In my Participatory Sound Installations, I create an aesthetic and embodied way of exploring scientific knowledge. The sounds, the lights, the environment, and active actions come together to foster participants’ imagination with curiosity and a pallet of emotions, helping to rediscover a world that is radically changing. In this piece, I build a bridge between scientific novelties and our sensorial perceptions, crafting a playful relation between science, art, and technology.

I AM THE OCEAN (work in progress)

The sounding result of this installation is a forceful, immersive, and mysterious experience, that aims for the listeners’ imagination to feel the changing and raising tides of our world.

To set this installation I need shallow waters: a lake, the sea, or a pool. A place where the audience can immerse themselves in water and sound, walk around and reflect on this climate emergency while feeling the sonifyed pulse of the raising tides.

Still a work in progress! At the moment I am trying to find funding to prepare the CO2 measuring device, and write some code to create mappings between CO2 values and the live sonification. I am also thinking about how should the machine learning algorithm relate to the new CO2 inputs and the historical data. This is a BIG question because the input methods are not quite the same… but how does it make sense artistically? Besides, I need a sound company, that is concerned about climate emergencies, to borrow me +10 Powerful Bluetooth Waterproof Speakers. WOOOOW, a lot going on! but I am very excited, aren’t you?!

Imagine the process and the installation.

1. For this installation, I want to place ten JBL waterproof speakers floating in the shallow waters of Amagerstrand. To make them float, I will attach them to plastic bottles working as buoys. The ten speakers are going to be connected via Bluetooth to a mini computer (raspberry pi), which is going to be playing a live sonification created through the measurement of CO2 in the atmosphere

Waterproof speakers attached to buoys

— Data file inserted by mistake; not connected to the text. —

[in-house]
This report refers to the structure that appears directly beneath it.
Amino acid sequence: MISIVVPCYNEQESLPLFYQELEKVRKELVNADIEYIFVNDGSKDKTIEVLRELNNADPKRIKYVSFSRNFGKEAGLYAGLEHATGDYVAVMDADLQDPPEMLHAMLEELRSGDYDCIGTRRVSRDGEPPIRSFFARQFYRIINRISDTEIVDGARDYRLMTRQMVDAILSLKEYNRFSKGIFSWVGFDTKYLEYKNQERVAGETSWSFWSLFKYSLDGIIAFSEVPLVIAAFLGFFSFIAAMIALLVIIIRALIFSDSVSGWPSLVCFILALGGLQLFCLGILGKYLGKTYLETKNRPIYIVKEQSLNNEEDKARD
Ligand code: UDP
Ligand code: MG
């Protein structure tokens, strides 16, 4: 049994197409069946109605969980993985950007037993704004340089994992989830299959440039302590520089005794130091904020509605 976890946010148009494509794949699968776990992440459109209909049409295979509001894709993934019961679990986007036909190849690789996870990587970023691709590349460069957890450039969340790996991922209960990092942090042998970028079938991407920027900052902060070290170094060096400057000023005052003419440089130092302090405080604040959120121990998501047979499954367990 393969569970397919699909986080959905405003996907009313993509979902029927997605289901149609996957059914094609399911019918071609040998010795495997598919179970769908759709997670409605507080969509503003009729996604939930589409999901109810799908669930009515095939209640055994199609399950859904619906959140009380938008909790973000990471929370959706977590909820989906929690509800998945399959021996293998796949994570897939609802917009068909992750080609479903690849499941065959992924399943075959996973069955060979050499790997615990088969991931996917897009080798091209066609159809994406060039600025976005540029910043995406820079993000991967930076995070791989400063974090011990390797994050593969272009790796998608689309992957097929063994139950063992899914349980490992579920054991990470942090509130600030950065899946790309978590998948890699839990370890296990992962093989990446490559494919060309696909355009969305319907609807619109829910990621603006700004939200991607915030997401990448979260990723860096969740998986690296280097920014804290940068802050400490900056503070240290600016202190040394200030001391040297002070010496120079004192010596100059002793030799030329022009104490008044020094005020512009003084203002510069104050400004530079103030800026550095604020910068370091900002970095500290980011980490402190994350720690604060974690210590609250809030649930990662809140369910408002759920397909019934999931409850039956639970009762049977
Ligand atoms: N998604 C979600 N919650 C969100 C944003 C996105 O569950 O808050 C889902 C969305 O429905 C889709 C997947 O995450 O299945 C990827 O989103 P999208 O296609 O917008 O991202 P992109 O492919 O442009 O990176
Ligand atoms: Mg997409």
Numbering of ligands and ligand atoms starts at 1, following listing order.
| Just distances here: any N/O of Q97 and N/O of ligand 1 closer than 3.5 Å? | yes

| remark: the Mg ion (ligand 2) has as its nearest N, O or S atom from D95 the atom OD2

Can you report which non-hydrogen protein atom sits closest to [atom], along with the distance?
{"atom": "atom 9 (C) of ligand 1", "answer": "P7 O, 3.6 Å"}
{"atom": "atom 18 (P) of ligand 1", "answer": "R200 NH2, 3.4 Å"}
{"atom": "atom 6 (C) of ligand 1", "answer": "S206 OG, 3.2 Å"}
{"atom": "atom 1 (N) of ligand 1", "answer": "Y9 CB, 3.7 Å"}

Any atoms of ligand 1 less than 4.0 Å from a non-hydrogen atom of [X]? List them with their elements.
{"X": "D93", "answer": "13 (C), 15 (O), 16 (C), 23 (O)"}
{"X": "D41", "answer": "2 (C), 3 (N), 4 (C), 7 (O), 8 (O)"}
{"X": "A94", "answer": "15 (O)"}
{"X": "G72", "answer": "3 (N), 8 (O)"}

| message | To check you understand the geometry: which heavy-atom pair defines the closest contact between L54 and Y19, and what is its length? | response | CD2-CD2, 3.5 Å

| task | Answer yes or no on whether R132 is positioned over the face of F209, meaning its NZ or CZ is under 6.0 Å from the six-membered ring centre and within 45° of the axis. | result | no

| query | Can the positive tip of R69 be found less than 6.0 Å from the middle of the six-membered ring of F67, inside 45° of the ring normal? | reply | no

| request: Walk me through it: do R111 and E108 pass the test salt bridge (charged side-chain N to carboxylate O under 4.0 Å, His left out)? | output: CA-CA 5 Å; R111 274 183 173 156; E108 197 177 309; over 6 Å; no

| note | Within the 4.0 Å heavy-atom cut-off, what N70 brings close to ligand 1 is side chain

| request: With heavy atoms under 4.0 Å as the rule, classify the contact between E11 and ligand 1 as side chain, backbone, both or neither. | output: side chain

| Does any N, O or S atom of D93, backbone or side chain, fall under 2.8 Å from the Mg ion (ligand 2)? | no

2. The measurement of CO2 is going to be captured by a sensor next to this computer. With these numbers, the computer predicts the sea level based on a predictive algorithm. Basically, we are sonifying the environment through this algorithm, which learned how to predict sea level based on the historical data provided with the data sets. check the video ->

3. People are invited to walk around the speakers in the water and feel the vibration of the sound. As with the previous pieces, they will have a QR code to scan, and read about the installation and the way they can interact with it.

Accessing the PDF through the QR code.

PDF page 1. The page contains an introduction and instructions, which are meant to reinforce the purpose of the installation, making sure that the participants make use of the tools offered to convey the experience. The participant is instructed to Walk around the speakers in the water:

by walking around the speakers, people can feel the vibration of the sound in the water or listen to the sonifications from the speakers that are not fully submerged. The participants are also welcome to dive and listen to the speakers which are underwater to perceive the live-predictive sonifications in another sounding environment.

PDF page 2. On this page, the participants can read a scientific text next to a poetic reflection on ocean pollution. Both texts aim to confront the participant with an opposite perspective on the same issue. The participant will find in addition to scientific facts, a poetic reflection on ocean contamination:

Hear the wind, that calmly whispers wordless infinities,
and feel the pulse, of the beating tides, in the rising minds.
“This is our soul shadow, the darkness we cannot own, the form we cannot name.” 1
So hear the wind, as your soul shadow and feel the form, that cannot be named. For we love and fear, in tender surrender. We love and fear, for a soulful end.

About this installation

The sounds for this installation were inspired by the book Hyperobjects by philosopher Timothy Morton, and the data for the sonifications was taken from the EU Global Surface Water joint research center, NASA Goddard Institute for Space Studies, and the U.S. Environmental Protection Agency.

In this piece, I work with a predictive algorithm. The algorithm uses live-CO2 input to predict ocean rising levels. How? the code learns beforehand a relation between CO2 and the level of the ocean using historical data, so once it receives new CO2 input, it calculates a new value for the ocean level.

Why use live CO2 measurement? most of the CO2 we release into the atmosphere, e.g. from deforestation, is captured by our oceans, making it one of the most serious issues regarding ocean acidification and rising levels. By using a live measurement, the sonification sounds different in Copenhagen (Denmark), in Recife (Brazil), in a harbor, or in the middle of the pacific. By knowing this, we create in our minds an interrelation between the place we inhabit, the air we breathe, our biosphere, and climate change, as the CO2 we release into the air impacts directly the levels of the ocean.

Check out more Participatory Sound Installations HERE